In her debut novel, 'Mostly Dead Things,' the writer wants to introduce readers to a different part of her home than the one known through Disney or the Florida Man meme

Kristen Arnett’s debut novel, Mostly Dead Things, is populated with dynamic, three-dimensional characters — yet each is nearly upstaged by the vivid Florida setting, which the writer brings to such fully realized life that it’s almost surprising the book pages themselves don’t hang heavy with that state’s trademark humidity.

“I knew two things writing this book. I knew, one, that I wanted it to be queer, and I wanted it to be a very specific kind of queerness — not a coming out story, but the day-to-day lived experience of being queer. And the other thing I knew is that I wanted it to be a book about place, and central Florida, specifically,” said Arnett, who will take part in a reading at Two Dollar Radio on Thursday, Aug. 15, alongside authors Tommy Pico and Elissa Washuta. “And quickly it became, ‘How do I write that so that it’s so embedded in the text that you can’t pull it out?’ which, for me, turned into thinking about central Florida as a sensory experience. How do things smell when you’re outside? What does it sound like at night when you’re walking around and the cicadas start up? How does the air feel? Because the air in Florida is so dense that it almost feels like it’s physically touching you.”

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Entering into the novel, Arnett, who likes to work at a desk overlooking her lush backyard because “it looks very Florida,” knew that she wanted to write against the national narrative that has built around her home state, driven, in part, by the Florida Man meme, as well as the omnipresence of Disney.

“We have that weird stuff here, but it’s not the whole state,” said Arnett, who is one in a rising crop of Florida writers who have come up recently embracing different dimensions of the peninsula, joining the likes of Lauren Groff, whose 2018 short story collection, Florida, is imbued with a sadness that hangs as heavy as Spanish moss on the text. “I also made a very specific choice to never say ‘Orlando’ in the book, because anyone who hears ‘Orlando’ immediately thinks of Disney World or theme parks. … I was like, ‘It’s already hard enough to write against Florida Man, I’m not also going to try to write on top of Disney.’”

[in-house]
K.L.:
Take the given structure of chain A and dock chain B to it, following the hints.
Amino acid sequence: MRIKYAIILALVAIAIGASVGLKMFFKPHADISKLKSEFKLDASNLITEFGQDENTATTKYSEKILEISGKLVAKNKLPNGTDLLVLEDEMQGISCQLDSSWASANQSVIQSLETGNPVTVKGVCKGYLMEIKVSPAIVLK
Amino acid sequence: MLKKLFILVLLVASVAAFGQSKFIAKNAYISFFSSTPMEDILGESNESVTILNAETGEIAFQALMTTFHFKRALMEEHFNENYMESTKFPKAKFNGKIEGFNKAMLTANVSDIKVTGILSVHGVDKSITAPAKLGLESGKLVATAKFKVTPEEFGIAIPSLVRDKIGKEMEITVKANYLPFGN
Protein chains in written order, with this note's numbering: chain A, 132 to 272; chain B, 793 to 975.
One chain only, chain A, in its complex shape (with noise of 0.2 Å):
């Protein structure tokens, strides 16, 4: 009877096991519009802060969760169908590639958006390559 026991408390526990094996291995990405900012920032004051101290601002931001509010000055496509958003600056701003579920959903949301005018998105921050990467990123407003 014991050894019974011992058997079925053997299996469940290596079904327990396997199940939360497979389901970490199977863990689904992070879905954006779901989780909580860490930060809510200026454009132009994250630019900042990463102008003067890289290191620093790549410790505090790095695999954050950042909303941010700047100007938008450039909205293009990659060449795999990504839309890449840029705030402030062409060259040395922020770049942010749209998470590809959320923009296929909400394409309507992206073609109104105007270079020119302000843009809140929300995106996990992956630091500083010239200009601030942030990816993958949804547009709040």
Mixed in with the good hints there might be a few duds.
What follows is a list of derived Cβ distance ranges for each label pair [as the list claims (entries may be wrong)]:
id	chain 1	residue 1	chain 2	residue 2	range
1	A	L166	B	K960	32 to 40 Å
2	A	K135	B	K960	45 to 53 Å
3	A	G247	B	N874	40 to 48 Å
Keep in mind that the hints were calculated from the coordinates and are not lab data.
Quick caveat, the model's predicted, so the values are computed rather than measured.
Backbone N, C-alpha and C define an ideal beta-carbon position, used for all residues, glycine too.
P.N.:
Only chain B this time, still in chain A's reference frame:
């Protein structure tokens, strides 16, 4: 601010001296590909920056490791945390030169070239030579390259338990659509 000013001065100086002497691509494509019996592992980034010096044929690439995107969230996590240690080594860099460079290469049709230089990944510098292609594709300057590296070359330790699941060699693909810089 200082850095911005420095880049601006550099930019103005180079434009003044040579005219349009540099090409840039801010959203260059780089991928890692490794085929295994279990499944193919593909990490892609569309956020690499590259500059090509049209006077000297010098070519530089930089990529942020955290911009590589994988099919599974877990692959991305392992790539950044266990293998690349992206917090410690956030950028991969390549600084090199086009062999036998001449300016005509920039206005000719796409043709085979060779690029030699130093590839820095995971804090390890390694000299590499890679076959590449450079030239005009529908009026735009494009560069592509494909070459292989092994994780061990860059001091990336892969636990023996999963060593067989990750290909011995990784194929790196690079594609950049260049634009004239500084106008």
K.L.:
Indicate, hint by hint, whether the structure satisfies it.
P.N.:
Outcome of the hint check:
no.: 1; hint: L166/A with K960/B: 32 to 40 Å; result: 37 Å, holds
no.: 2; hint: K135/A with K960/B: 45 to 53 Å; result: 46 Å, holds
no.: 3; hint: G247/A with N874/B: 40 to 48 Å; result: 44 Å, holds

The exercise of deeply considering her environment caused Arnett to more carefully weigh the things she appreciated about Orlando, as well as the city’s flaws, which she said include a desire to raze its history in favor of flashy new builds. “Erasing your history means a lot of things, but it also means you’re keeping whatever history you choose to remember,” Arnett said.

This idea is paramount to Mostly Dead Things. Early in the book, main character Jessa-Lynn Morton discovers her father dead by suicide in the family’s taxidermy shop, and much of his presence throughout the remainder of the story is informed by the parts of him the family opts to preserve, much as in his chosen trade.

“Truly, when I started out writing I was just interested in taxidermy itself. I wasn’t thinking too hard about, ‘What does this mean in the grand scheme of the book?’” said Arnett, who spun the idea for the novel off an abandoned short story about a pair of siblings who taxidermy a goat, believing there was more of a tale to be told around the characters. “I was just interested in writing about the physical and the body and the tactile, but the more I did research and thought about taxidermy, and the more I was writing about this particular family and this protagonist who’s very reliant on these constructed memories … the more that I was like, ‘This is very much taxidermy,’ because taxidermy is made, posed, constructed and turned into a memory.”

Eventually, Arnett started to view even her own writing in similar terms. “I’m crafting the narrative, carving out things that don’t work and the dead parts, and I’m trying to shape the story in the same way someone might shape or pose an animal,” said Arnett, who would set a goal to write 1,000 words a day Monday through Friday, at a minimum, while working on the novel. “Towards the end of writing that book, there was nothing I could do. It was just like, ‘Oh, I’m talking about taxidermy again and again and again…'”

Arnett said she's finally shifting the conversation with her next novel, a draft of which she recently submitted to her agent, pulling back to examine "the broader expanse of a relationship and how it changes.” As with Mostly Dead Things, however, events will remain firmly anchored to her home state.

“It’s a very different kind of book, but it’s still very Florida,” Arnett said. “Florida is very much a place where the natural world and the environment is trying to take things back. Plants will grow into the cinder block on the side of the house, and animals are inside the house. It’s a place that’s constantly creeping and invasive and alive. It’s a physical experience to live here, a sensory experience. … I’m excited to see what else people do, because I think there’s so much more to write about Florida. I’d read a million books set here.”